Unlike so many of England’s colonies in America that were based on freedom from religious persecution, Carolina was strictly a commercial venture from the beginning. The tenure of the Lords Proprietors—the eight English aristocrats who literally owned the colony—began in 1670 when the Carolina finished its journey to Albemarle Creek on the west bank of the Ashley River.
Those first colonists would set up a small fortification called Charles Towne, named for Charles II, the first monarch of the Restoration. In a year they’d be joined by colonists from the prosperous but overcrowded British colony of Barbados, who brought a unique Caribbean sensibility that exists in Charleston to this day.
Finding the first Charles Towne unhealthy, not very fertile, and vulnerable to attack from Native Americans and Spanish, they moved to the peninsula and down to “Oyster Point,” what Charlestonians now call White Point Gardens. Just above Oyster Point they set up a walled town, bounded by modern-day Water Street to the south (then a marshy creek, as the name indicates), Meeting Street to the west, Cumberland Street to the north, and the Cooper River on the east.
Growing prosperous as a trading center for deerskin from the great American interior, Charles Towne came into its own after two nearly concurrent events in the early 1700s: the decisive victory of a combined force of Carolinians and Native American allies against the fierce Yemasee tribe, and the final eradication of the pirate threat in the deaths of Blackbeard and Stede Bonnet. Flushed with a new spirit of independence, Charles Towne threw off the control of the anemic, disengaged Lords Proprietors, tore down the old defensive walls, and was reborn as an outward-looking, expansive, and increasingly cosmopolitan city that came to be called Charleston.
With safety from hostile incursion came the time of the great rice and indigo plantations. Springing up all along the Ashley River soon after the introduction of the crops, they turned the labor and expertise of imported Africans into enormous profit for their owners. However, the planters preferred the pleasures and sea breezes of Charleston, and gradually summer homes became year-round residences.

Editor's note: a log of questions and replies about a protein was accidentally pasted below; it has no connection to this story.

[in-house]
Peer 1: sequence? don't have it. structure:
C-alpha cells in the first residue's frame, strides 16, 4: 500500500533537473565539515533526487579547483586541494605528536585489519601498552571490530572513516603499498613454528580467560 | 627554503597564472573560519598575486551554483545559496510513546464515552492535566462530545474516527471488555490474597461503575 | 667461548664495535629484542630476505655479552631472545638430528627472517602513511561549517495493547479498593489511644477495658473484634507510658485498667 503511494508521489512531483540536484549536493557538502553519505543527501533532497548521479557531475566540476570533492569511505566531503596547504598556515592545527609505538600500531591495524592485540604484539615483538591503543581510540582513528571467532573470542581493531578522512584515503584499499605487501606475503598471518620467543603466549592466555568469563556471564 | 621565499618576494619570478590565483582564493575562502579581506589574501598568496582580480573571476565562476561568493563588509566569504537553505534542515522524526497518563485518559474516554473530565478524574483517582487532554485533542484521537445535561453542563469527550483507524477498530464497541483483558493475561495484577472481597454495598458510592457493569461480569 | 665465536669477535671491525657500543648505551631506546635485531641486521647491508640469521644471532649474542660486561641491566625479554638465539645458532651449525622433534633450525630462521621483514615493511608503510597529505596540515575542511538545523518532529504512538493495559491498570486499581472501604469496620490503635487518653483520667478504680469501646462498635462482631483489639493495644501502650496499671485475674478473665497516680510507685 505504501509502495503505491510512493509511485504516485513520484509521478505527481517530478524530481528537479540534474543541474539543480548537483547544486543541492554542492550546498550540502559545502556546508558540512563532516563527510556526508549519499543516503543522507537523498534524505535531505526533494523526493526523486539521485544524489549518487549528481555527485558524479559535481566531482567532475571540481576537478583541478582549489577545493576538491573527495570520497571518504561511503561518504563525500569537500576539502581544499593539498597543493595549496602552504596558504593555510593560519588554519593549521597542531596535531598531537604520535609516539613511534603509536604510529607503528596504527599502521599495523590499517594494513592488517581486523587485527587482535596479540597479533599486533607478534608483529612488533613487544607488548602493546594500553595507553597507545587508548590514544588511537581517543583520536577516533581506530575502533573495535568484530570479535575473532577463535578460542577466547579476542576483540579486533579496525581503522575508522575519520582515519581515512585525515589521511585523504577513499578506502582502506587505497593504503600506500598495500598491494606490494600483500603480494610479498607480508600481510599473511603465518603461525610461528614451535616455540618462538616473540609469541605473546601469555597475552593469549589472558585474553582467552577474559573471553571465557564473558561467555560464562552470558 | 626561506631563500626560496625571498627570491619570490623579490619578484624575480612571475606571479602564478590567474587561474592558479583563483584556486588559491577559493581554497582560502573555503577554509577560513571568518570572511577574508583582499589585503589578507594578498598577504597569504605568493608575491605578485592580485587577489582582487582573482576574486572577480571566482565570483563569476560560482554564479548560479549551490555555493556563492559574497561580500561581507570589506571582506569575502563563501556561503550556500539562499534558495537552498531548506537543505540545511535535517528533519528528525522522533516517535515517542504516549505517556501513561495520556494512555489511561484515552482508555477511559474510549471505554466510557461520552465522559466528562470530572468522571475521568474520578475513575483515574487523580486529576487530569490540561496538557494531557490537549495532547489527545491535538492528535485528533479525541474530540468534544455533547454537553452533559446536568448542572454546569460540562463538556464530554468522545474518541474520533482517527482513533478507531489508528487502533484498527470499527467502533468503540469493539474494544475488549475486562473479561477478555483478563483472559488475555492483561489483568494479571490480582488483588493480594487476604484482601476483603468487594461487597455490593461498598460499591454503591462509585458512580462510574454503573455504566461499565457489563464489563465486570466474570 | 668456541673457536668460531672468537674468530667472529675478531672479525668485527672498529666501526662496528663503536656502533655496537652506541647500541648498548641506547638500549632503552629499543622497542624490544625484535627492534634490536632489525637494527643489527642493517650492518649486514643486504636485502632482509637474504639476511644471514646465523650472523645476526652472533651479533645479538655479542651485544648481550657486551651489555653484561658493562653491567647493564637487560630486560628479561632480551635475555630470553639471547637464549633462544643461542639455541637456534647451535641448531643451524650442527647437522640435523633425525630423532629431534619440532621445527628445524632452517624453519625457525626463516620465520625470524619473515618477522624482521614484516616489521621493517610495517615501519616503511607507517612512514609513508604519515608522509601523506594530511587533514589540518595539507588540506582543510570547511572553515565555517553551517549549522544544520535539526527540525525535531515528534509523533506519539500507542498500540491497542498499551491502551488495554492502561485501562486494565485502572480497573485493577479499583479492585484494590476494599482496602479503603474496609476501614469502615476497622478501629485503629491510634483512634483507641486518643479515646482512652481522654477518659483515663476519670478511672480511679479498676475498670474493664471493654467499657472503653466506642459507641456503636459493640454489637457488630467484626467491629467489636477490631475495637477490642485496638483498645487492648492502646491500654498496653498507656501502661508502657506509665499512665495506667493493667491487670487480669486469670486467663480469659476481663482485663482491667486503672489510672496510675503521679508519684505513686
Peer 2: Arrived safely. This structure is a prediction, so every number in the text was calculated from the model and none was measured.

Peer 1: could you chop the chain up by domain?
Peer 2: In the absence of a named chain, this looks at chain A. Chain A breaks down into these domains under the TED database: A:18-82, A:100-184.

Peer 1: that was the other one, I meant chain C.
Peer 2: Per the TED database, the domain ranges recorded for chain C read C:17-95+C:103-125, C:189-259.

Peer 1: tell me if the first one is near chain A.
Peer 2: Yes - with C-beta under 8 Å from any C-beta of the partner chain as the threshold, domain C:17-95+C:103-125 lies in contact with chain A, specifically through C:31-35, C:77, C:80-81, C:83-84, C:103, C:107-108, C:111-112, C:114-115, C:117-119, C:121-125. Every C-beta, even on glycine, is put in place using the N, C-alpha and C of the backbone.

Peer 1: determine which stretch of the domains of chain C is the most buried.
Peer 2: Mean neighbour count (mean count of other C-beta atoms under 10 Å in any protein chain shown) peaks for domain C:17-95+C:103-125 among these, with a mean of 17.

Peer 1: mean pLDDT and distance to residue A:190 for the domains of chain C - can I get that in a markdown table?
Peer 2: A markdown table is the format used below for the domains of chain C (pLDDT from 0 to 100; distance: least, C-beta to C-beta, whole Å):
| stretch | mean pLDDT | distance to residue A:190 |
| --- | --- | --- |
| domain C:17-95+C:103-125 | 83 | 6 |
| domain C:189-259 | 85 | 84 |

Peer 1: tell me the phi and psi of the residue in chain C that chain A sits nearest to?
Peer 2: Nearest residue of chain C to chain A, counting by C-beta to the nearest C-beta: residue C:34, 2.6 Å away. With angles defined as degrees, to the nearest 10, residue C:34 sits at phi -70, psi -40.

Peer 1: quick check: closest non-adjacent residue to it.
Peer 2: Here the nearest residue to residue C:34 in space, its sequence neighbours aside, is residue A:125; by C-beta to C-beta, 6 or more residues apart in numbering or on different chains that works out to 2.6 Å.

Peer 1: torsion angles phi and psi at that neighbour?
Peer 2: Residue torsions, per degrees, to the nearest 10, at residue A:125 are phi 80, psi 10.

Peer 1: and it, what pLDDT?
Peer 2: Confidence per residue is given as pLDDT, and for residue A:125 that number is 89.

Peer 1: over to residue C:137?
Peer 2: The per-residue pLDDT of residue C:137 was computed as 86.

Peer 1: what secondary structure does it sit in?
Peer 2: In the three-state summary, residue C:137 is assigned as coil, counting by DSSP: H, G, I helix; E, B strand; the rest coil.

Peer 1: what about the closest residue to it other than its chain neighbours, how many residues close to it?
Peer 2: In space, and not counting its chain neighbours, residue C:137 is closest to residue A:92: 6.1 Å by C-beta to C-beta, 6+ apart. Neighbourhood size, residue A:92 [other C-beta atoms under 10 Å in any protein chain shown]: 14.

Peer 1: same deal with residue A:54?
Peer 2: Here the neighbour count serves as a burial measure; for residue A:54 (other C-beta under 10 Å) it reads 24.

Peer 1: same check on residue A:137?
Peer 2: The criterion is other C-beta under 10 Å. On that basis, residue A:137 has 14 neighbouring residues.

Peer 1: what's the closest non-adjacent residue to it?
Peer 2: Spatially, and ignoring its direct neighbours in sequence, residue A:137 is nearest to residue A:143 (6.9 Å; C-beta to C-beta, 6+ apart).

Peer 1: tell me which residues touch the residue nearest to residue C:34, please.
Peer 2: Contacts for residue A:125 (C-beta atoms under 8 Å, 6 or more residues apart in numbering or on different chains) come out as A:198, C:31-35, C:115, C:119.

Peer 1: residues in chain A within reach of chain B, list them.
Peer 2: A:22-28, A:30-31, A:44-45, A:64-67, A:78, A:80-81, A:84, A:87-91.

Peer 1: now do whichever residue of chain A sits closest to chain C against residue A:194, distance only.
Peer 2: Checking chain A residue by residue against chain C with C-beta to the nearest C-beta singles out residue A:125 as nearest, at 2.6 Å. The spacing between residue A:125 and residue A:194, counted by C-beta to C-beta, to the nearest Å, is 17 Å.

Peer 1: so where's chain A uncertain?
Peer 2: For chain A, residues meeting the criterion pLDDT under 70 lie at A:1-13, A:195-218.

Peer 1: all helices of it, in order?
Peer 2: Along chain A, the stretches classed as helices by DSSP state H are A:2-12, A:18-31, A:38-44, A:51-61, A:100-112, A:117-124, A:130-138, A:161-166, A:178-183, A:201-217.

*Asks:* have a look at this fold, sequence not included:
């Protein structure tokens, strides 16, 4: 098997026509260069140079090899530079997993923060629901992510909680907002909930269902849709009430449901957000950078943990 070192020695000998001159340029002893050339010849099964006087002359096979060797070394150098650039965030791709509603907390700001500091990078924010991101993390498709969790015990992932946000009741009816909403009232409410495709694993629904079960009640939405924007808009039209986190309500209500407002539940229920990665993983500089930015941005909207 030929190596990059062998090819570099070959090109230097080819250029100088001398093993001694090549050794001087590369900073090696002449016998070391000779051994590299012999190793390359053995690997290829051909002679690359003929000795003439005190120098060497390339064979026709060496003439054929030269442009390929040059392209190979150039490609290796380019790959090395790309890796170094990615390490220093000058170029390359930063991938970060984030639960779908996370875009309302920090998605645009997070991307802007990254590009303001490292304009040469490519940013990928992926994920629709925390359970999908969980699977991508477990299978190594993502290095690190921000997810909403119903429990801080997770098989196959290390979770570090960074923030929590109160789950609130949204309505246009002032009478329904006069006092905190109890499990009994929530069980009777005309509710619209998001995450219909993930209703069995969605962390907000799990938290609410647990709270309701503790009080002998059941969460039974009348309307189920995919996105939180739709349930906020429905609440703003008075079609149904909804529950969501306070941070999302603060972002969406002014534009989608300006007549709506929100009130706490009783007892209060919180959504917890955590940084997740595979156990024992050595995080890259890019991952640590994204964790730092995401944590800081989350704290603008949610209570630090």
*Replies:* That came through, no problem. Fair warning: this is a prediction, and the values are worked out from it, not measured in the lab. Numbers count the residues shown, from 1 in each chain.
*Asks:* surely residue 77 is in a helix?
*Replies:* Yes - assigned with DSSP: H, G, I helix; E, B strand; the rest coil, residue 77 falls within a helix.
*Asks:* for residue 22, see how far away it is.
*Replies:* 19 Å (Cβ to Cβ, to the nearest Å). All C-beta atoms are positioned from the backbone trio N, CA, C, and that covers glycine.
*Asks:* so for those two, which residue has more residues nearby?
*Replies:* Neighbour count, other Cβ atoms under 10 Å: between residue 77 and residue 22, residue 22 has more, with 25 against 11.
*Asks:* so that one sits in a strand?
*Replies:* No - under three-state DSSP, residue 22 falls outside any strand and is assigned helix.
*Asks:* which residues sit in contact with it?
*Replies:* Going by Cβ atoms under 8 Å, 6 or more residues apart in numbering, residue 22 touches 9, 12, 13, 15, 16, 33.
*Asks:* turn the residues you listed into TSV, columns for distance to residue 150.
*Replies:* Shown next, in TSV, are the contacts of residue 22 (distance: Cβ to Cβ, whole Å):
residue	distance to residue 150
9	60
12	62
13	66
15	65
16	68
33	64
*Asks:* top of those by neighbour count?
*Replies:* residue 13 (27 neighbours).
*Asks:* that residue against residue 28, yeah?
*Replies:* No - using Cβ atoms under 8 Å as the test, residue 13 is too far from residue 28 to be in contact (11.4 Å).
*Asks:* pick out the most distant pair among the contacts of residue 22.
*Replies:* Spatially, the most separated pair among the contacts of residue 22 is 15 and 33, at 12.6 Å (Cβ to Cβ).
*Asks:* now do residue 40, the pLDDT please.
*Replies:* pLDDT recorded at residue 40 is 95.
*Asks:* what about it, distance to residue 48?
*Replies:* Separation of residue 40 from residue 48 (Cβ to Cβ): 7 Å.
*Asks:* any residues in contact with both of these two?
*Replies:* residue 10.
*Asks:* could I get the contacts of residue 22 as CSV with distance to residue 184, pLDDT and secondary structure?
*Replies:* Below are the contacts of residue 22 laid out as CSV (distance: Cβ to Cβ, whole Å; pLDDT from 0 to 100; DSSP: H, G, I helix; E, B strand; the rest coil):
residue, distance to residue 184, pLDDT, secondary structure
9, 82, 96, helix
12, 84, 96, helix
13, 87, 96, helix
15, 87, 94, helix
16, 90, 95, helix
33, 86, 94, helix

It was during this Colonial era that the indelible marks of Charlestonian character were stamped: a hedonistic aristocracy combining a love of carousing with a love of the arts; a code of chivalry meant both to reflect a genteel spirit and reinforce the social order; and, ominously, an ever-increasing reliance on slave labor.
As the storm clouds of civil war gathered in the early 1800s, the majority of Charleston’s population was of African descent, and the city was the main importation point for the transatlantic slave trade. The worst fears of white Charlestonians seemed confirmed during the alleged plot by slave leader Denmark Vesey in the early 1820s to start a rebellion. The Lowcountry’s reliance on slave labor put it front and center in the coming national confrontation over abolition, which came to a head literally and figuratively in the bombardment of Fort Sumter in Charleston Harbor in April 1861.
By war’s end, not only did the city lay in ruins—mostly from a disastrous fire in 1861, as well as from a 545-day Union siege—so did its way of life. Pillaged by northern troops and freed slaves, the great plantations along the Ashley became the sites of the first strip mining in America, as poverty-stricken owners scraped away the layer of phosphate under the topsoil to sell—perhaps with a certain poetic justice—as fertilizer.
The Holy City didn’t really wake up until the great “Charleston Renaissance” of the 1920s and ’30s, when the city rediscovered art, literature, and music in the form of jazz and the world-famous Charleston dance.
This also was the time that the world rediscovered Charleston. In the 1920s, George Gershwin read local author DuBose Heyward’s novel Porgy and decided to write a score around the story. Along with lyrics by Ira Gershwin, the three men’s collaboration became the first American opera, Porgy and Bess, which debuted in New York in 1935. It was also during this time that a new appreciation for Charleston’s history sprang up, as the local Preservation Society spearheaded the nation’s first historic preservation ordinance.
World War II brought the same economic boom that came to much of the South then, most notably with an expansion of the Navy Yard and the addition of an Air Force base. By the 1950s, the automobile suburb and a thirst for “progress” claimed so many historic buildings that the inevitable backlash came with the formation of the Historic Charleston Foundation, which continues to lead the fight to keep intact the Holy City’s architectural legacy.
Civil rights came to Charleston in earnest with a landmark suit to integrate the Charleston Municipal Golf Course in 1960. The biggest battle, however, would be the 100-day strike in 1969 against the Medical University of South Carolina, then, as now, a large employer of African Americans.
Charleston’s next great renaissance—still ongoing today—came with the redevelopment of downtown and the fostering of the tourism industry under the 30-year-plus tenure of Mayor Joe Riley, during which so much of the current, visitor-friendly infrastructure became part of daily life here. Today, Charleston is completing the transition away from a military and manufacturing base and attracting professionals and artists to town.
© Jim Morekis from Moon Charleston & Savannah, 4th Edition